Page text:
Industry veterans remember when covert surveillance and security operations used to entail bulky cameras, hardwiring to VCRs and hours of reviewing mostly useless tape. That’s yesterday. Today capabilities, once the subject of Mission Impossible, are real tools.

Covert surveillance and security projects can be more efficient in terms of both the dollars and personnel required.

Shrinking hardware

While cameras with pinhole lenses have been around for years, the trend toward miniaturization in electronics means today’s cameras can be as small as 1.25 x .75 inches. They can come as kits equipped with a self-contained 2.4-gigahertz transmitter and a receiver that can be located up to 100 yards away. Hidden easily, these units can run up to six hours on four AA batteries, or longer on larger battery packs.

One of the real covert breakthroughs is network connectivity in nearly every business facility and even many homes. Connect your receiver to network technology – possibly by placing it in a communications closet in an industrial or corporate facility – and you can put the video right on your network. You can monitor it anywhere in real-time, simultaneously record it on a commercially available digital video recorder, and store the video directly on a hard drive.

Digital rather than tape recording means that search and retrieval capabilities can include time stamps. Combine this with a motion sensor, and you record only when there is activity in the camera view.

Wireless networks take the connectivity advances even further. You can use the built-in transmitter in your camera to access a WiFi hub. One important warning with wireless: Encrypt your transmissions.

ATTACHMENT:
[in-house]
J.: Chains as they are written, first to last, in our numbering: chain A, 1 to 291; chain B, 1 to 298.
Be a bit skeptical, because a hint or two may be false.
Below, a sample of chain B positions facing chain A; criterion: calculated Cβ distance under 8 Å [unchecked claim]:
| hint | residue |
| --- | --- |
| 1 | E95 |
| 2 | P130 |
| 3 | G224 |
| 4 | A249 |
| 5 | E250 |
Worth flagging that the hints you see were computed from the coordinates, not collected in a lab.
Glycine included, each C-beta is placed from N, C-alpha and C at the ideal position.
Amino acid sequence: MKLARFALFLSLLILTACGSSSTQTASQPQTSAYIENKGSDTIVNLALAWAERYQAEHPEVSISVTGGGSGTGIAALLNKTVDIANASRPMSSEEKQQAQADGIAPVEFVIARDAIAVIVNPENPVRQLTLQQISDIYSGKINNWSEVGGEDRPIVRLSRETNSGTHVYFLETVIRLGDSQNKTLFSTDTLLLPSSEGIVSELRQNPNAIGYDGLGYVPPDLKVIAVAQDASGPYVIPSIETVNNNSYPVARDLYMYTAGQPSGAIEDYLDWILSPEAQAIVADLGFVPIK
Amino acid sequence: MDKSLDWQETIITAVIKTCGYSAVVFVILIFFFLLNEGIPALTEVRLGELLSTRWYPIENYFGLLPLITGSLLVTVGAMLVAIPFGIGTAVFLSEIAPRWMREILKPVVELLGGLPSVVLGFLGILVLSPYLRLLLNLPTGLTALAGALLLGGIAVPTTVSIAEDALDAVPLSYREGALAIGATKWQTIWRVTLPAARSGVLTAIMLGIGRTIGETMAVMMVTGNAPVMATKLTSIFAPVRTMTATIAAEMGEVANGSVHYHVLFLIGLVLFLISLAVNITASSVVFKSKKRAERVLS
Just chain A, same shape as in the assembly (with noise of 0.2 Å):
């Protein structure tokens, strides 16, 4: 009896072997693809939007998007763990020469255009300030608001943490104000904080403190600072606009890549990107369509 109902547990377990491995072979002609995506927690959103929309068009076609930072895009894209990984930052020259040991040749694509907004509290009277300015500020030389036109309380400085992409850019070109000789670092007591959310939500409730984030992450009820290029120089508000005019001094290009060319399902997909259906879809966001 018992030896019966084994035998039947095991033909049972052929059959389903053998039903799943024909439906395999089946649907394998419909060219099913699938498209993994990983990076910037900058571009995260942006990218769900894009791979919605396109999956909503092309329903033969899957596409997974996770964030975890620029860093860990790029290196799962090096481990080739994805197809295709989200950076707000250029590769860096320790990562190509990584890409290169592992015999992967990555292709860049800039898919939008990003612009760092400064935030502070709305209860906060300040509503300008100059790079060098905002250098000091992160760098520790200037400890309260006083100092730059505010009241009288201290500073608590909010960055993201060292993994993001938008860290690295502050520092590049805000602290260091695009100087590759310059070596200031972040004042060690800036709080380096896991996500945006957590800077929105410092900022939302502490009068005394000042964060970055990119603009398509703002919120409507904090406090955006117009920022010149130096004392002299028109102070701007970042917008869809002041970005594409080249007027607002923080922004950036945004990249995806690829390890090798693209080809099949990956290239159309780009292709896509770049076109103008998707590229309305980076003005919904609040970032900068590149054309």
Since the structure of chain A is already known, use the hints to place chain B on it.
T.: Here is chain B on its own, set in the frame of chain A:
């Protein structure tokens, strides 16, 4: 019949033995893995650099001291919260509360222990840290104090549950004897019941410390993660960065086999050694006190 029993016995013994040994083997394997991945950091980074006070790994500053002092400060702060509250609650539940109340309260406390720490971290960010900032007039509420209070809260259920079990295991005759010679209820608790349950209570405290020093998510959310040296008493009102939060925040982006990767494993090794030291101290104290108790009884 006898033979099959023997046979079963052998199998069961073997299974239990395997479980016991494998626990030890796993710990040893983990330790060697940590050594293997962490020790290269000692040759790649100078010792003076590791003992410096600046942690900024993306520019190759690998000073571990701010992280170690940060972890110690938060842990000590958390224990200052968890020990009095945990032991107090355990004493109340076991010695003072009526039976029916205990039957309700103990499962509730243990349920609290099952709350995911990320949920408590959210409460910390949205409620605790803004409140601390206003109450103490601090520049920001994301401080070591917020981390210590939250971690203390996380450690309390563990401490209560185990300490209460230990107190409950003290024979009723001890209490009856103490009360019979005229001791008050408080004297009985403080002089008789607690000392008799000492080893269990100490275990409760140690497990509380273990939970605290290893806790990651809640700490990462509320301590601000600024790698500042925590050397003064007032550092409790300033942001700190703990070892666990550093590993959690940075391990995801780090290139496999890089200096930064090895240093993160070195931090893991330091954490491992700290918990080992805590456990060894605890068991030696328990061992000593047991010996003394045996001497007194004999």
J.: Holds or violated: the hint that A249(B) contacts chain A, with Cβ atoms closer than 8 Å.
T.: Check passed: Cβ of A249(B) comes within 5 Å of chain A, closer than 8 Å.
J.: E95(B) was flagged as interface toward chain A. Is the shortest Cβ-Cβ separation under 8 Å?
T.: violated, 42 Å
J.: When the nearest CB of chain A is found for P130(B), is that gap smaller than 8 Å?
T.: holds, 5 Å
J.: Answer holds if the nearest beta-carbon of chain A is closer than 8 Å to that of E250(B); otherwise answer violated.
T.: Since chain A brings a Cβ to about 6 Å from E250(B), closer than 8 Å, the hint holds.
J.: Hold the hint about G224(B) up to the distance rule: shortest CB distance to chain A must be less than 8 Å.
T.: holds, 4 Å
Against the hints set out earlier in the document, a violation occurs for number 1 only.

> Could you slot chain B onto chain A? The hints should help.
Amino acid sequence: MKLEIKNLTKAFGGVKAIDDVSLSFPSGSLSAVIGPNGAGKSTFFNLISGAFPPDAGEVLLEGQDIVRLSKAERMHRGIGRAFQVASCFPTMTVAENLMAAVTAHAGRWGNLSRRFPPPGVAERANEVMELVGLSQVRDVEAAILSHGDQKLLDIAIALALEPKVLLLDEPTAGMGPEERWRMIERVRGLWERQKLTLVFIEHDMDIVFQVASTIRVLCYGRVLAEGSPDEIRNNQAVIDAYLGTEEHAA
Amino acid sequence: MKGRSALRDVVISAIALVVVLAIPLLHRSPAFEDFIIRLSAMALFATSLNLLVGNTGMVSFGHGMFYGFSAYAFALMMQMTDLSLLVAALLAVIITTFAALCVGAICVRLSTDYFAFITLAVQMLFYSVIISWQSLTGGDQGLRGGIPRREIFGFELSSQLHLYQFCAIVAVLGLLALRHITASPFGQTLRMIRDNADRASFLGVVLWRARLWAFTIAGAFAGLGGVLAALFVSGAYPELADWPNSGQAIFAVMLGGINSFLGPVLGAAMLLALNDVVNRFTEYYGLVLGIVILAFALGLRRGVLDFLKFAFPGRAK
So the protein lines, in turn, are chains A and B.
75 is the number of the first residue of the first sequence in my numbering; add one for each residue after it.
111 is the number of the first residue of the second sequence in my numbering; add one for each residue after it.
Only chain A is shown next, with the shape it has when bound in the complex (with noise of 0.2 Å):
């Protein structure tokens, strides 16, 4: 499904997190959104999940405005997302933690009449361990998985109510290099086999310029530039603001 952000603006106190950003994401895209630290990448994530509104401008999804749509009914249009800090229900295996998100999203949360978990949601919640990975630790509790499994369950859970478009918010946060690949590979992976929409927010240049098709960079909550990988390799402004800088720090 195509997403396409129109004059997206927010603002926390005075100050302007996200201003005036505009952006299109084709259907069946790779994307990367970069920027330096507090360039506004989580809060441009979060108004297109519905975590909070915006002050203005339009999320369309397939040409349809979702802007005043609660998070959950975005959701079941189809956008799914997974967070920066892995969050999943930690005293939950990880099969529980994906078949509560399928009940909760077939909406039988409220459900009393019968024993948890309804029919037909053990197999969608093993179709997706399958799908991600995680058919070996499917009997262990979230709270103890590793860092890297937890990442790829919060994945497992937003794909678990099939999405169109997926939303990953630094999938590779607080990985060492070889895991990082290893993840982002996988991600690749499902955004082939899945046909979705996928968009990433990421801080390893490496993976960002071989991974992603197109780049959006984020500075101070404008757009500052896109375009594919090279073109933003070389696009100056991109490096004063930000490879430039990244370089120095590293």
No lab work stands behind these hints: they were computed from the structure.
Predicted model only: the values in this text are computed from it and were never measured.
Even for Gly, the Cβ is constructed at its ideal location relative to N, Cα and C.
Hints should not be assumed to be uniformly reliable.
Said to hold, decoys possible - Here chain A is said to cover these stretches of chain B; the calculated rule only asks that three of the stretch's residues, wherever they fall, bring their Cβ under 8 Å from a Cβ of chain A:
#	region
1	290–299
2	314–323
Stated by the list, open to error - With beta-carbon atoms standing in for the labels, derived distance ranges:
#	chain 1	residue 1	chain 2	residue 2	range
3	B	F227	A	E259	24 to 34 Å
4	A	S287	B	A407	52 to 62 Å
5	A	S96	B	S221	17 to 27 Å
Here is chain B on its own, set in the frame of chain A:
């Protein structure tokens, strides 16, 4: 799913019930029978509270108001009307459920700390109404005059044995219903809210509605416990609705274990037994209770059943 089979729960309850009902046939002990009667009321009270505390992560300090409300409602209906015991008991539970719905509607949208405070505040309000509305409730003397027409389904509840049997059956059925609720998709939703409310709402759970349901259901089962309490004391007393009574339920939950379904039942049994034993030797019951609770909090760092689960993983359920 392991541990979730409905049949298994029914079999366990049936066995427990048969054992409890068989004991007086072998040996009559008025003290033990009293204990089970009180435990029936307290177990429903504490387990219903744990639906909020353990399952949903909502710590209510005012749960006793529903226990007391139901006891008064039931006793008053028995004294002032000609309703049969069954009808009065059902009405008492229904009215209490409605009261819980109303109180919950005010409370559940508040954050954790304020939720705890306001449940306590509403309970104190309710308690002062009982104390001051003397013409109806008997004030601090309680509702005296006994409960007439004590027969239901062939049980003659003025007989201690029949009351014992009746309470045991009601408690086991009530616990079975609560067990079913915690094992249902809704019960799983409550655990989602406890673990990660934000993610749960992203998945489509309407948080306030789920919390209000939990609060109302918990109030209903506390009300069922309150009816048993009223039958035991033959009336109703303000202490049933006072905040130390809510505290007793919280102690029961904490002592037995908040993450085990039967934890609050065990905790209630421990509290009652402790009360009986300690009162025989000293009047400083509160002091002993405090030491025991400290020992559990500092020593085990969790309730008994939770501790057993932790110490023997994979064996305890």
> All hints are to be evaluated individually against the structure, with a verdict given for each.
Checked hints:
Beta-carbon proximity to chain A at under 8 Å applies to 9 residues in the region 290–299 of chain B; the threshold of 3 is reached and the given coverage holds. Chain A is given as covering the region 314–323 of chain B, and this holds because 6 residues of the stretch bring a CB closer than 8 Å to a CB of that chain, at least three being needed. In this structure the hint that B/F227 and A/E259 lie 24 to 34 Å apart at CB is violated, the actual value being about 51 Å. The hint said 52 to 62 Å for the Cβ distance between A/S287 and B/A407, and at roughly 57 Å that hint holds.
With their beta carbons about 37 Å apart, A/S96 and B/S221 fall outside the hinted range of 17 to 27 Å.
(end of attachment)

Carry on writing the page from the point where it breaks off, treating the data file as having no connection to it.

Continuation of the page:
Behavior recognition software allows users to pre-program a system to look for specific activities and ignore other motion, saving even more review time.

Behavior recognition software can recognize a human being and even distinguish how many people are in the camera view. Algorithms can be written to spot specific types or sizes of vehicles, packages or pieces of luggage. Libraries of algorithms are being expanded and created to serve highly specialized surveillance requirements. Finally, to be effective, the software must be fine-tuned to each camera.

To use behavior recognition, first identify the problem. Next determine who is authorized to see the video. In a case of suspected employee theft, for example, sometimes only the top security officer is privy to the recordings.

Covert audio recording is still illegal in most cases, with exceptions such as court ordered surveillance. Covert video recording is illegal in any location where a high degree of privacy is expected. The first step in any covert surveillance or security operation is to consult with local law enforcement authorities or in-house counsel.